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Seven extremely rare photographs of Churchill have been restored and rescued from a barn in Cirencester

Letter from the editor: So much for Harrow!

Every day, when I finish this missive, I ask one or two of my senior colleagues to read it through. They say that it’s just an expression of my need for external validation (thanks very much, boys, but I pay a shrink good money to tell me things like that).

Harrow backs teacher over model photos

Harrow School stood by its art teacher today after photographs of her posing topless were circulated among pupils.

The Harrow at Little Bedwyn, Little Bedwyn Near Marlborough, Wiltshire

Little Bedwyn sounds like it should be the home of miniature desert-dwelling Arabs, but actually it's as English as Midsomer Murders. A 15-minute wiggly slalom down a bumpy C-road from Hungerford running alongside the Kennet and Avon Canal, it's slap bang in the middle of nowhere. I don't think I saw a single signpost to the village, or to Great Bedwyn either. We only found The Harrow after a workman on a building site said he thought there might be some sort of snack bar for well-to-do folk in yonder meadow...

Tube workers balloted for action

London Underground workers are to be balloted for industrial action in a row over pay, it was announced today.

First class school, economy class fees: Reduce the cost of private education with scholarships and bursaries

During a recession, many of us tighten the belt. Perhaps we can forgo the family holiday and new car, pack a lunch. But when it comes to educating children, should our plans change?

Ex-housemistress cleared of school abuse charges

A former housemistress at a top school was today cleared of helping a male teacher abuse boys.

Lord Walker: Durable left-of-centre Conservative politician who served in government under Heath and Thatcher

Peter Walker was one of the great survivors of the Conservative Party, spanning the Heath and Thatcher eras. At the time of his voluntary retirement in 1990, a few months before Thatcher's downfall, no 20th century politician, apart from Churchill and Lloyd George, had served longer in Cabinets and Shadow Cabinets, and it was appropriate that he should call his memoirs Staying Power. Though he never held one of the "great" offices of state, the variety of posts that he did fill, and the timing of them, ensured that he made significant contributions to British public life, proving a minister of considerable executive efficiency. Political durability was not his only claim to fame. His earlier role as a successful city financier, particularly with Jim Slater, would alone have ensured him the attention of serious commentators.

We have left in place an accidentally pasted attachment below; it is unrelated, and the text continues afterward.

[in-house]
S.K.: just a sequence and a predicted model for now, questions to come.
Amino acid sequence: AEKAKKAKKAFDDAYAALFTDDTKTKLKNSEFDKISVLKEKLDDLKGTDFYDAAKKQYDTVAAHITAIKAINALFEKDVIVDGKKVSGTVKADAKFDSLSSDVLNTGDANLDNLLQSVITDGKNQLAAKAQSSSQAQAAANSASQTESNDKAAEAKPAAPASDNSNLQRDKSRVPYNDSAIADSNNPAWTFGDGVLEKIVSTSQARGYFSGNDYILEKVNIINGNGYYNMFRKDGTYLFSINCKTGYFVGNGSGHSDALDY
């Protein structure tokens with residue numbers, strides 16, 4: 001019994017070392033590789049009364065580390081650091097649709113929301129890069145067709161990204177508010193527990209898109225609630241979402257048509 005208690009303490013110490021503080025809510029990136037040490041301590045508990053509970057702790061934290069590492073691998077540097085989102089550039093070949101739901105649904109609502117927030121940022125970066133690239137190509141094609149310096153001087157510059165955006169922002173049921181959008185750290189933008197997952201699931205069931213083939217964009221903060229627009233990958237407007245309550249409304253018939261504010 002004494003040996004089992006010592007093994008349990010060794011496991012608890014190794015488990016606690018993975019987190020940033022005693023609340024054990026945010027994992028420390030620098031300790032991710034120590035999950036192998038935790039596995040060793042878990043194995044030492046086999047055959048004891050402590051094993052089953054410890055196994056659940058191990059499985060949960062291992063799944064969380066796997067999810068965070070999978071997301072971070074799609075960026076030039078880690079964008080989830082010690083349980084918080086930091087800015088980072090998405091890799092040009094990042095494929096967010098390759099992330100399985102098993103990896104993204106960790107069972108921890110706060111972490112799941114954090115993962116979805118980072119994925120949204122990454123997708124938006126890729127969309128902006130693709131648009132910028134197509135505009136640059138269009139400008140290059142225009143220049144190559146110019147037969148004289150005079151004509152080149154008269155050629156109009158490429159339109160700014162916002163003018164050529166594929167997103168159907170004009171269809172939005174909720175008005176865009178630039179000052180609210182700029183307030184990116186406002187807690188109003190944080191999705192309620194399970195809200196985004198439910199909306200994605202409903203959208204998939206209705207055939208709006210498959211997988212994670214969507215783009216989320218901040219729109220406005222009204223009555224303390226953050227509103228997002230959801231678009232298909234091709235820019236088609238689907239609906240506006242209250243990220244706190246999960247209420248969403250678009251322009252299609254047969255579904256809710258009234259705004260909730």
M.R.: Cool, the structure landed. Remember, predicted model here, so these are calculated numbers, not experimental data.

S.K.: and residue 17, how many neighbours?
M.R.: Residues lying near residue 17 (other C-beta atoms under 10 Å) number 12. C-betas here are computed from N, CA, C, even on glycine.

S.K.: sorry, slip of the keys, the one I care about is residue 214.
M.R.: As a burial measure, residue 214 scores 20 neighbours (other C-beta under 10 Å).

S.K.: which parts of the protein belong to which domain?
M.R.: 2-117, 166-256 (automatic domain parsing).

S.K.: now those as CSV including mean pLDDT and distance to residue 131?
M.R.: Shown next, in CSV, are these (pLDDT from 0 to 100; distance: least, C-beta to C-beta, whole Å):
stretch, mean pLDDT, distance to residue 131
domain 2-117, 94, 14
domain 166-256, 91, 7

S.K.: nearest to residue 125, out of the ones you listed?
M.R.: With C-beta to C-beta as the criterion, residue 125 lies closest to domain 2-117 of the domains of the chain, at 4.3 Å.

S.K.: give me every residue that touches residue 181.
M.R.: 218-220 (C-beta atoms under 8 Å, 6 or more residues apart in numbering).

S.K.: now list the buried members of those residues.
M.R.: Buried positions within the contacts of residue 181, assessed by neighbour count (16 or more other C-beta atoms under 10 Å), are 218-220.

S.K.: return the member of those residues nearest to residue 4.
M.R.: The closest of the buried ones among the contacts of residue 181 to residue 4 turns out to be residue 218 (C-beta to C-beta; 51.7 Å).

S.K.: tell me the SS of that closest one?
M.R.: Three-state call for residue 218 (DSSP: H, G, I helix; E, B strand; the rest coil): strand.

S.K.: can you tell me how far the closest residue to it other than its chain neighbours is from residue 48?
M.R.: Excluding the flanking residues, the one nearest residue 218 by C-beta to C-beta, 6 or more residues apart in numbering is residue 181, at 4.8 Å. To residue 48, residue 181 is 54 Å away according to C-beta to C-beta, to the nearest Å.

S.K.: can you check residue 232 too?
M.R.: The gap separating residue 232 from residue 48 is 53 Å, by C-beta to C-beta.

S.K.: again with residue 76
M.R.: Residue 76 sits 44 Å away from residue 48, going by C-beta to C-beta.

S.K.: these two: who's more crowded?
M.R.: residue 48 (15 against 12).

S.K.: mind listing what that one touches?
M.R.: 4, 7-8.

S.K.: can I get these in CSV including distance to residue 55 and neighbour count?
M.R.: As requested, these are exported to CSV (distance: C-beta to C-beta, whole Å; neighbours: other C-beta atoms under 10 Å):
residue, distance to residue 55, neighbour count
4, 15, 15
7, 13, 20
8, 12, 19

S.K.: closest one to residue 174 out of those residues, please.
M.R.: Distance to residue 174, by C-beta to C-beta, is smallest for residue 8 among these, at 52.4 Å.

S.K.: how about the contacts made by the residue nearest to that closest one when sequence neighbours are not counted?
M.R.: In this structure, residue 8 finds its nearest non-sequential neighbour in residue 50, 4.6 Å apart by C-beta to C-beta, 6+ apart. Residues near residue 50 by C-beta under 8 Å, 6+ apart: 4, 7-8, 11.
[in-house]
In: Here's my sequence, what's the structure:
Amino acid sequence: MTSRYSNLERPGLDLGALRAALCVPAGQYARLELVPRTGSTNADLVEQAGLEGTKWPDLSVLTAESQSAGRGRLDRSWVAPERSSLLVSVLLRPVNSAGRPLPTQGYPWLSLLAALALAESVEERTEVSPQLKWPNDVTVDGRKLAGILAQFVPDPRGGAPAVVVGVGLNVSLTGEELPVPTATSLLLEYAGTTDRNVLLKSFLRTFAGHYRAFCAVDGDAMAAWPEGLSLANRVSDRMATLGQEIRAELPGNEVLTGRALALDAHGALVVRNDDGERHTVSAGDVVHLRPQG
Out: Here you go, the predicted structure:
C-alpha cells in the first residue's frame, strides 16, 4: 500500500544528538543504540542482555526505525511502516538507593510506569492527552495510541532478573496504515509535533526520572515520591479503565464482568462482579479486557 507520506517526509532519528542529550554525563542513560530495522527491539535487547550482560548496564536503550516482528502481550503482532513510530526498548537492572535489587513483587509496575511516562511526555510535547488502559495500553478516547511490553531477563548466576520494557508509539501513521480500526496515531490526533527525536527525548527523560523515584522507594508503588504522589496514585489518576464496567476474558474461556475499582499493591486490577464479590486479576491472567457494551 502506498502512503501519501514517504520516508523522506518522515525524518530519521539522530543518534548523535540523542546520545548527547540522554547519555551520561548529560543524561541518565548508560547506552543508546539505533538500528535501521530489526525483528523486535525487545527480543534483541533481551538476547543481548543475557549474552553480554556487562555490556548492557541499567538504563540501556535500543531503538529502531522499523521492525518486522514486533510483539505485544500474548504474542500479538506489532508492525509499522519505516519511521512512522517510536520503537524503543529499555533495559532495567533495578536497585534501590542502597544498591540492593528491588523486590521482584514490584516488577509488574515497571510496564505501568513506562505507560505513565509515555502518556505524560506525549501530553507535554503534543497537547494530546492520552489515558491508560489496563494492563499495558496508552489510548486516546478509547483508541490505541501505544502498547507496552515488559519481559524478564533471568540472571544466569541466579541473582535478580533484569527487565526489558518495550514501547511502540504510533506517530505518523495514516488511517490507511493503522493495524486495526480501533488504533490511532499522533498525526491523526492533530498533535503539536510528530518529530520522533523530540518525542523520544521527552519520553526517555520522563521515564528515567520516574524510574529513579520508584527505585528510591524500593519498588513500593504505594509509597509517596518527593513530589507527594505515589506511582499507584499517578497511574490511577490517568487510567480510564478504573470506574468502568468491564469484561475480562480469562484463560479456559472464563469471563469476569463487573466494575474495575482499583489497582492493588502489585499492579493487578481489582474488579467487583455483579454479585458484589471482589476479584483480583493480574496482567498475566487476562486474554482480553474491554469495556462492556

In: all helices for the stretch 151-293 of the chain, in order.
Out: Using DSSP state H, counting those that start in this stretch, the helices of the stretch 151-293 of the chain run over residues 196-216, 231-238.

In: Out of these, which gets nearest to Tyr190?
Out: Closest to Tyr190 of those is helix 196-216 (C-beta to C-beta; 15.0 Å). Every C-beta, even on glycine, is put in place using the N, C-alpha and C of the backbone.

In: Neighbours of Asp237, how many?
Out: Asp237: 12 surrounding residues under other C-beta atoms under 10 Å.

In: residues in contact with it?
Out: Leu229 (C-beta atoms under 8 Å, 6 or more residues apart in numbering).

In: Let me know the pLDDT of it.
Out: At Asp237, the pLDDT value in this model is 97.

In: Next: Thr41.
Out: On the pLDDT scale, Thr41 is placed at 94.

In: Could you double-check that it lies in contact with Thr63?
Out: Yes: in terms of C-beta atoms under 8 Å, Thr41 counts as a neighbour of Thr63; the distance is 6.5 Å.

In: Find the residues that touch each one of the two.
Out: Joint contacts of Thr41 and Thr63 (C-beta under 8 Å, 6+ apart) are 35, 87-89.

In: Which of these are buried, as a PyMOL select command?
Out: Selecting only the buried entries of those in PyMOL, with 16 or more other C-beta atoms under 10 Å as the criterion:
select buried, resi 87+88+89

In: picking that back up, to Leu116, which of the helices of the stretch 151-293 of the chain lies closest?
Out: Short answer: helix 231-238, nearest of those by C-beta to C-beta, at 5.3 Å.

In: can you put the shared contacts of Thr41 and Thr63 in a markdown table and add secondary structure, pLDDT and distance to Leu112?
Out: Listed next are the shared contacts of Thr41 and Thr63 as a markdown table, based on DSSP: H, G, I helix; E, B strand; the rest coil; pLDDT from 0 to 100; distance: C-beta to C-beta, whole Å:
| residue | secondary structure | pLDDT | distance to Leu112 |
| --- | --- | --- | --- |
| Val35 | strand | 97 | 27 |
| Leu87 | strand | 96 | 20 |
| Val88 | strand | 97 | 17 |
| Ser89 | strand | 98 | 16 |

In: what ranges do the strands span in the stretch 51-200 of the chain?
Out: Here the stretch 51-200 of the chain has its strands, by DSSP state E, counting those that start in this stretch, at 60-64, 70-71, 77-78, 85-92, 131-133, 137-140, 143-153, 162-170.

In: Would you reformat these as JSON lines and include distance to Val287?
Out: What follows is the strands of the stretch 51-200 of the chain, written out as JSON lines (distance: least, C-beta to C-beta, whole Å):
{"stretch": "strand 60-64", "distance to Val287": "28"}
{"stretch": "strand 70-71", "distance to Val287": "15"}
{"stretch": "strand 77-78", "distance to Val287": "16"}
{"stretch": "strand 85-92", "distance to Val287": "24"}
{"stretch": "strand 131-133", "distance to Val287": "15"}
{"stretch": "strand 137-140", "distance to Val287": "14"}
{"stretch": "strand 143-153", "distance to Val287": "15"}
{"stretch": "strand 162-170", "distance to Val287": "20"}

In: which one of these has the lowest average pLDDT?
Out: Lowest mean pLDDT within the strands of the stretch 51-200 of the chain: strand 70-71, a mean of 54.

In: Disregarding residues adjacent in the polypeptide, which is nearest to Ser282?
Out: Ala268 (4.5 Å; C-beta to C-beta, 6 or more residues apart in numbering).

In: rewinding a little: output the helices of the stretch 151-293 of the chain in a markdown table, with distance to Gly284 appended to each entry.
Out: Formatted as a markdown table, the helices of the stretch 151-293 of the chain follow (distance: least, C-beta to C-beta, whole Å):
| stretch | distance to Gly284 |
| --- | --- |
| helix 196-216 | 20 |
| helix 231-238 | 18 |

Outside the Box: If Beckford stays put, the Stones won't be rolling in it

The increasing likelihood of Leeds United's Jermaine Beckford seeing out the season at Elland Road has been greeted with dismay at non-League Wealdstone, alma mater of Stuart Pearce and Vinnie Jones. The Ryman League club, who sold him to Leeds for about £45,000 in 2006, are due to receive 20 per cent of any future transfer, and were rubbing their hands when Newcastle United recently offered £1.8m for the striker – one-fifth of which amounts to a cool £360,000. Leeds seem prepared to risk losing him for nothing when his contract expires in June, which means that the hard-up Stones will not receive a penny. "It would be heartbreaking for the club," a spokesman told Outside The Box. "That sort of money would ensure our mid-term future." One (very) small consolation is the raffle with which Wealdstone have sold off naming rights to their newly developed Vale Stadium, a home at last after almost 20 nomadic years of ground-sharing; that honour has been won for the next 15 months by St George's Shopping Centre, Harrow.

Straight out of Wealdstone: The non-league players who made it big

Chris Smalling's career has taken off in spectacular style. Last year, the centre half was playing for Maidstone in non-league football. Currently at Fulham, he has agreed terms with Manchester United and will join the Champions in the summer.

Harrow head attacks 'worthless qualifications'

Too many state schools are cramming their pupils with “worthless qualifications” to boost their position in exam league tables, a leading independent school head said today.